Moduli Spaces: Birational Geometry and Wall Crossings (18w5084)


(Brown University)

(University of British Columbia)

(Boston College)


The Banff International Research Station will host the "Moduli Spaces: Birational Geometry and Wall Crossings" workshop from October 7th to October 12th, 2018.

A moduli space parametrizes geometric objects with similar structures and encodes in itself the geometry of all possible families of such objects. Moduli spaces play a significant role in the development of mathematics, dating back to the parameterization of linear subspaces in the 19th century and of Riemann surfaces in the 20th century. The moduli-theoretic approach has produced an abundance of results by exploiting the universality of moduli spaces. This allows one to establish properties of all parameterized objects at once by a single argument. Inspired by a number of recent advances, this workshop will focus on two aspects of moduli spaces: Birational geometry and Wall crossings.

When objects transition from being stable to unstable, one often obtains a birational transformation of the moduli space. When such a transition occurs, geometric invariants on the two sides of the transition often have fascinating yet mysterious correspondences. Such is the case with the phenomenon of wall crossings in enumerative geometry. Most mathematicians working in moduli theory only focus on one aspect of the entire story. By bringing experts in these fields together, we aim to inspire new ideas and achieve progress on open problems both in birational geometry and the study of wall crossings in enumerative invariants.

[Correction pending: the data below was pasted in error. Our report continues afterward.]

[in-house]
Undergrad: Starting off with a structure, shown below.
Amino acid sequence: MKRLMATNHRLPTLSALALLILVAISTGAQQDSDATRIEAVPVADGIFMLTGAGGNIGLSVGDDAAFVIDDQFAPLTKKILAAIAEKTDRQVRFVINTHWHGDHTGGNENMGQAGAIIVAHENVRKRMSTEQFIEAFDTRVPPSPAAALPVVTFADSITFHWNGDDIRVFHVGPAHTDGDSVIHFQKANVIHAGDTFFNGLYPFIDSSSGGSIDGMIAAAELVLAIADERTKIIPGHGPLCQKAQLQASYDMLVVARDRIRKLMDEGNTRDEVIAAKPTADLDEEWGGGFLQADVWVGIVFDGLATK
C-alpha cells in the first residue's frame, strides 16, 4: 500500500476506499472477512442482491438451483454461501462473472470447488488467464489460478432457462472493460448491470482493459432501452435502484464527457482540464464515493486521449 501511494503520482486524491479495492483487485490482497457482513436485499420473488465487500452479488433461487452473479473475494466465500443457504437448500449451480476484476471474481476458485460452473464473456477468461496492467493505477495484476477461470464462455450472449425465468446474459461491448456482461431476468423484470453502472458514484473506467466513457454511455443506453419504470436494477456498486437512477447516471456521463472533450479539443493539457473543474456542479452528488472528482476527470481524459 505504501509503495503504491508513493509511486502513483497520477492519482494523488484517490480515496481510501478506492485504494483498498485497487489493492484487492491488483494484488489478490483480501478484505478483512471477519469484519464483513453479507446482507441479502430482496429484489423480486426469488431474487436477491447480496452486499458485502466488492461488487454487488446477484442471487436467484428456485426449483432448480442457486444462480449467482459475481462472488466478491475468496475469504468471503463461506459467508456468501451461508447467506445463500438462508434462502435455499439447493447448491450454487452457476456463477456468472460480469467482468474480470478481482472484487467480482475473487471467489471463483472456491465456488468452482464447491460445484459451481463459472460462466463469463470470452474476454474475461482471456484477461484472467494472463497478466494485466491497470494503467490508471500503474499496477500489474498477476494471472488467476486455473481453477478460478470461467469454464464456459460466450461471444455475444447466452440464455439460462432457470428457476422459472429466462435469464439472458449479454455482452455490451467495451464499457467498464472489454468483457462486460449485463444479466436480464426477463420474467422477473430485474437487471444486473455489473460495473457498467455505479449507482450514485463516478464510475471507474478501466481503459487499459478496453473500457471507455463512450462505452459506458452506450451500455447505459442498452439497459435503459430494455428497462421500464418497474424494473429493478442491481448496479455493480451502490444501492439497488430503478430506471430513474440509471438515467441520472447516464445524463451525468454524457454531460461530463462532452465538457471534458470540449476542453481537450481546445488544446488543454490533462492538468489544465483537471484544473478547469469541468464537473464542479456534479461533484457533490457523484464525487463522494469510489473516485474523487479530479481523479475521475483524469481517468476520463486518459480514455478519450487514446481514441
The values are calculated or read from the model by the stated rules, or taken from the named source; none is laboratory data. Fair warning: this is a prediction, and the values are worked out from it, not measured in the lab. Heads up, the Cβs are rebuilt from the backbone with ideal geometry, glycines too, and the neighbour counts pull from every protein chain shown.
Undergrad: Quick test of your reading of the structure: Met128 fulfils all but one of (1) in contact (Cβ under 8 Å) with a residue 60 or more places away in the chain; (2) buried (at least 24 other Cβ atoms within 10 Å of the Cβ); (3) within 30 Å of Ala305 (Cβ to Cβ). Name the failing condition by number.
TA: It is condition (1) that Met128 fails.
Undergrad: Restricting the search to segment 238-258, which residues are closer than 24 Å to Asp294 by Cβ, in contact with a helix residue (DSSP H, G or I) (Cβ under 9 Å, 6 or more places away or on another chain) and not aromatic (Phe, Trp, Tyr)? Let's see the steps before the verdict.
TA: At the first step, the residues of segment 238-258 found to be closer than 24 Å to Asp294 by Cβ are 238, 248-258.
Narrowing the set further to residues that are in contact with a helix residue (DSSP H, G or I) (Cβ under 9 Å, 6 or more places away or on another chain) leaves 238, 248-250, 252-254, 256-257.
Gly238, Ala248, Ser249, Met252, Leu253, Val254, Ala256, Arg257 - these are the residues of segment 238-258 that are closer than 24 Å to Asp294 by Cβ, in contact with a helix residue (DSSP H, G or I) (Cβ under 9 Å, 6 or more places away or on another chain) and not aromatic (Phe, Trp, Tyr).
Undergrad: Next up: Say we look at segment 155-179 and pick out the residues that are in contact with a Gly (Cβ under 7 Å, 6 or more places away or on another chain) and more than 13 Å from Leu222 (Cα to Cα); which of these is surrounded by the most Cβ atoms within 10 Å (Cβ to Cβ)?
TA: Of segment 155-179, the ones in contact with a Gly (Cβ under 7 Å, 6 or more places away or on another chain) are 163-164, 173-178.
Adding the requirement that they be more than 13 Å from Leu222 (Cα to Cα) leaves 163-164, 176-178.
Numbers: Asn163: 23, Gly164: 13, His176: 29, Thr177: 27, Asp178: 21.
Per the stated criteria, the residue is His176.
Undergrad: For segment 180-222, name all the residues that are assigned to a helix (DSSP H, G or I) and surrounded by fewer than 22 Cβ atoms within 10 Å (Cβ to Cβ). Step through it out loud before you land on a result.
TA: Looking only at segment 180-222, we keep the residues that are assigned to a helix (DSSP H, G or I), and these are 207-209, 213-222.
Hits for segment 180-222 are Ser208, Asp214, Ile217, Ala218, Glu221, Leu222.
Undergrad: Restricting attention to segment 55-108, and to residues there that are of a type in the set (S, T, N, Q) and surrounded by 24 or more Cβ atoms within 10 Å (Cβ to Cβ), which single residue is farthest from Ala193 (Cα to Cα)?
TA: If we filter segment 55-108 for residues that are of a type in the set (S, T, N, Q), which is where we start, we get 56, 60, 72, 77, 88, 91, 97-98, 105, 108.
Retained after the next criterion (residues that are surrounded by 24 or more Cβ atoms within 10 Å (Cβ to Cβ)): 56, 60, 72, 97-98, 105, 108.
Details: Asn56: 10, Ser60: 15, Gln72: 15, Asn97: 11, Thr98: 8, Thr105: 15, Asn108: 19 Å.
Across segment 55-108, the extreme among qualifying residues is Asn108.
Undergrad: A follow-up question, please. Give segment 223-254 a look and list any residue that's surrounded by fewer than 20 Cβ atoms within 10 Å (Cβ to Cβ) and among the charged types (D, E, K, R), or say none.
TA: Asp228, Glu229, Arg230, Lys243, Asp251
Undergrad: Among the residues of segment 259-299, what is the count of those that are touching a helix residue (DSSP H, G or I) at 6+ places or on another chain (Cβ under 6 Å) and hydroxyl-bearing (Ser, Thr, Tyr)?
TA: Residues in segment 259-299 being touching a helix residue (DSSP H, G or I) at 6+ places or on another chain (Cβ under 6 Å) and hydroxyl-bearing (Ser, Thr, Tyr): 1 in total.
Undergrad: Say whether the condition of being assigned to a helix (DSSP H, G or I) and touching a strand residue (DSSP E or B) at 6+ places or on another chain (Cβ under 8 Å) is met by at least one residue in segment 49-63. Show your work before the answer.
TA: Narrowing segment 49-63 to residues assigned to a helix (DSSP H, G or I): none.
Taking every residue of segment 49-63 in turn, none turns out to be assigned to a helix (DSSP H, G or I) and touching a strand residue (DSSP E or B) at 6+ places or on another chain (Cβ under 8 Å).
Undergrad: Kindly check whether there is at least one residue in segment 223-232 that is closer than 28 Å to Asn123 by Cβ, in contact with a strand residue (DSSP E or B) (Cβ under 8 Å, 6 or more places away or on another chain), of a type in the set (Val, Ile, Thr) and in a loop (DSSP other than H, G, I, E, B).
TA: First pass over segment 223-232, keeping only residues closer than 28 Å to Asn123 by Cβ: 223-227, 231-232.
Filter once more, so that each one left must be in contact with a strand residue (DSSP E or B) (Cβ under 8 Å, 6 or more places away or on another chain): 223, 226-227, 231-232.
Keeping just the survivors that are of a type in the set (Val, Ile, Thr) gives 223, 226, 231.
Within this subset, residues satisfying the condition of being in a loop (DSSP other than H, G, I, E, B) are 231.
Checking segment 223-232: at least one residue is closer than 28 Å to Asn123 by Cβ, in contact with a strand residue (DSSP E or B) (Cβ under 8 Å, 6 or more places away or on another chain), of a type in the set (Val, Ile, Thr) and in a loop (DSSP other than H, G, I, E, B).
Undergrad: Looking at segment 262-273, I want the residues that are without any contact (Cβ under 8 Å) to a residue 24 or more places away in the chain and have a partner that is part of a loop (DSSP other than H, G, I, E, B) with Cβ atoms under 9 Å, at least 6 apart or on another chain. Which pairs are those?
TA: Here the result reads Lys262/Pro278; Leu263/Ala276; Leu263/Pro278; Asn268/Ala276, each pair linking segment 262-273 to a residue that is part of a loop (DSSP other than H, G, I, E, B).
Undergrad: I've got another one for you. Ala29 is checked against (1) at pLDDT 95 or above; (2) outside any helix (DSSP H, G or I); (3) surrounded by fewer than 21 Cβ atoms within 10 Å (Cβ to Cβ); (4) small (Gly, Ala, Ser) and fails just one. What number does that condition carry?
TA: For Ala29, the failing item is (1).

The Banff International Research Station for Mathematical Innovation and Discovery (BIRS) is a collaborative Canada-US-Mexico venture that provides an environment for creative interaction as well as the exchange of ideas, knowledge, and methods within the Mathematical Sciences, with related disciplines and with industry. The research station is located at The Banff Centre in Alberta and is supported by Canada's Natural Science and Engineering Research Council (NSERC), the U.S. National Science Foundation (NSF), Alberta's Advanced Education and Technology, and Mexico's Consejo Nacional de Ciencia y Tecnología (CONACYT).